The Taking Control of Goods (Fees) Regulations 2014 changed the way HCEOs work and the associated fees.

The enforcement process is set into four stages, with fees assigned to each stage. This certainly clarifies the process for all parties, especially for debtors.

High Court Enforcement Officer (HCEO) fees are recovered in full from the judgment debtor when enforcement is successful. If enforcement is unsuccessful, as judgment creditor you only have to pay a Compliance fee. You do not normally pay any other costs associated with the enforcement of your writ. Please see below for further details.

You can read the full details of the court and enforcement fees here.

Compliance stage

The process starts with the compliance stage. Once the HCEO receives your instruction they will apply the fee for this stage. Upon receipt of the sealed writ of control, the HCEO will send a ‘Notice of Enforcement’ to the judgment debtor.

The Notice of Enforcement must be sent or delivered to the debtor personally, giving them 7 clear days (excluding Sundays and bank holidays) to pay the sums due in full, at the place, or one of the places, where the debtor usually lives or carries on a trade or business.

If the debtor is a company or partnership the notice must be sent to the place, or one of the places, where the debtor carries on a trade or business or the registered office. Delivery can be by post, hand delivery, fax or other electronic means such as email.

If the debtor pays in full – the judgment amount, interest, court fees and the enforcement fee for the Compliance stage - after receiving the notice, the enforcement process is concluded.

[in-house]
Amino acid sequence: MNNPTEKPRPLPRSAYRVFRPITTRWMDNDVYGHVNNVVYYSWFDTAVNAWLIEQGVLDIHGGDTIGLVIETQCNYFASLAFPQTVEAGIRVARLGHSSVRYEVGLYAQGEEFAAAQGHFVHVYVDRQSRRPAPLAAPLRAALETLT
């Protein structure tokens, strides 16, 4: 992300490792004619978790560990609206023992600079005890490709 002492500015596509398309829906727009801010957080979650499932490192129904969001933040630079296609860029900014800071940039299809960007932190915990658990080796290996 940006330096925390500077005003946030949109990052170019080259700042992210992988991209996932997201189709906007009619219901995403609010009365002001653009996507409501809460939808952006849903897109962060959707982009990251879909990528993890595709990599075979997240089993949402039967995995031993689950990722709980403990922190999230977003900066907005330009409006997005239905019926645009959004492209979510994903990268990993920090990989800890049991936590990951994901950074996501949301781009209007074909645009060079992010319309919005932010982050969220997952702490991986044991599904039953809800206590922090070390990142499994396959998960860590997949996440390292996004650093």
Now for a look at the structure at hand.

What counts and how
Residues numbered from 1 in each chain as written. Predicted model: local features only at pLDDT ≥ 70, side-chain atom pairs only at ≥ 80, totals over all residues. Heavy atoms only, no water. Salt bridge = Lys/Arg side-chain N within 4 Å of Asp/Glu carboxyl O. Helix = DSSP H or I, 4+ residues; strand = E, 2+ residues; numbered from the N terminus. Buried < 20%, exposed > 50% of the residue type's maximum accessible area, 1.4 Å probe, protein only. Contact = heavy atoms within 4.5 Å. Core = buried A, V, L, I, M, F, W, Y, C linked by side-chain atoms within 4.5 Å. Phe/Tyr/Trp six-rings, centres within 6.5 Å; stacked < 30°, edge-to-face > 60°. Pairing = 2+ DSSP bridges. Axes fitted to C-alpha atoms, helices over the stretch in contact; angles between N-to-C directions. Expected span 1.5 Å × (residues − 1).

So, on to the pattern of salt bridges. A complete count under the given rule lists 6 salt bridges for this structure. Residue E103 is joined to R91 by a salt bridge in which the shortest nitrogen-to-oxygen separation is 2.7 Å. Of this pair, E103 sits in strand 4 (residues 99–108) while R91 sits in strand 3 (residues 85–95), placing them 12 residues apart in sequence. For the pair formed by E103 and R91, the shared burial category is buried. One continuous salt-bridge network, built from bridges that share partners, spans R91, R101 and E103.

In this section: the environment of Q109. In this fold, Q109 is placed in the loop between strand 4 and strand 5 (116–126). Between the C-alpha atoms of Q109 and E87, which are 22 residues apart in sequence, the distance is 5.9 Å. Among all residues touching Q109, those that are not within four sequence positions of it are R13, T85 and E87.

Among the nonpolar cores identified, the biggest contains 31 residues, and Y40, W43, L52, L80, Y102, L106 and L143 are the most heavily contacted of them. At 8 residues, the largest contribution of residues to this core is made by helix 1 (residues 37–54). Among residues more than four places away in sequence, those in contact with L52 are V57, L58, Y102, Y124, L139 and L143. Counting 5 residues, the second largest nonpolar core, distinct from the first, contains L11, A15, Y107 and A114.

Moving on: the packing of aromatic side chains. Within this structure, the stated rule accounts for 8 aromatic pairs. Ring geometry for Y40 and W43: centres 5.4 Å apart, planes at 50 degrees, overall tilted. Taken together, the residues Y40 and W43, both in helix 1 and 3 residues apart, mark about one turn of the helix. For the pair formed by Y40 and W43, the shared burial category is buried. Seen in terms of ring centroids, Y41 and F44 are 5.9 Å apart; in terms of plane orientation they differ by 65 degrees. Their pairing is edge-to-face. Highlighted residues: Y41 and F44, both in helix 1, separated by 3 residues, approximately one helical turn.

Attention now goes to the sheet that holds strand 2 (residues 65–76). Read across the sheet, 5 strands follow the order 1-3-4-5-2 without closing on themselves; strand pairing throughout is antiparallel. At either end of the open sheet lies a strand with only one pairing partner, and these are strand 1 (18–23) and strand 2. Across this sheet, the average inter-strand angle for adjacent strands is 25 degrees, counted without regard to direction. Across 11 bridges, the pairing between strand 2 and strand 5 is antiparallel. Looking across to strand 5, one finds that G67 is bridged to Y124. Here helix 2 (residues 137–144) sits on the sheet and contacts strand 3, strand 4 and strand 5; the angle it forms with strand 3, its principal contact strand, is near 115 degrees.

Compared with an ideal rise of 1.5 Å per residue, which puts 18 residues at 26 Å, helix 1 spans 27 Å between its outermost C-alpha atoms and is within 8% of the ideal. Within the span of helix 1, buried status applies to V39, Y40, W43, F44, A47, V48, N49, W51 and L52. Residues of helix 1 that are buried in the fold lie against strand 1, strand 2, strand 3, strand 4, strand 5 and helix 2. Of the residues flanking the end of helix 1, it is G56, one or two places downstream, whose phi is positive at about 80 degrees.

Enforcement stage 1

If the debtor fails to make contact with the HCEO or requests to pay by instalments during the Compliance Stage, an enforcement agent (EA) will attend their premises to take control of goods.

This stage is known as Enforcement Stage 1 and there is a fixed charge at this point plus a percentage of the sums to be recovered.

If, when the EA attends, the debtor pays in full immediately or agrees to an acceptable instalment arrangement, then the matter ends there.

Enforcement stage 2

If the debtor refuses either to make any payment or to enter into an acceptable instalment arrangement covered by a controlled goods agreement (formerly known as a walking possession agreement), then the matter moves to Enforcement Stage 2.

If a payment arrangement, with a signed controlled goods agreement, is subsequently broken, the EA will re-attend the property either under Enforcement Stage 2 or the Sale or Disposal Stage dependent upon the circumstances so far.

Sale or disposal stage

Should enforcement get to the point where goods actually need to be removed, the enforcement progresses to the Sale or Disposal Stage.

The fee for this stage is a fixed charge plus a percentage of the sums to be recovered. The costs of removal are normally included in this sale stage fee.

However, if the HCEO anticipates exceptionally high removal costs far greater than the sale stage fee, for example specialist equipment and personnel to remove an aircraft, he can apply to the court to have these added to the amount payable by the debtor.

The only other fees chargeable (without application to court) are for disbursements such as locksmiths, storage and auctioneers fees.

Court fees

There is a court fee for transferring a CCJ to the High Court for enforcement, which results in the award of the writ of control. If successful, this fee is recovered in full from the judgment debtor.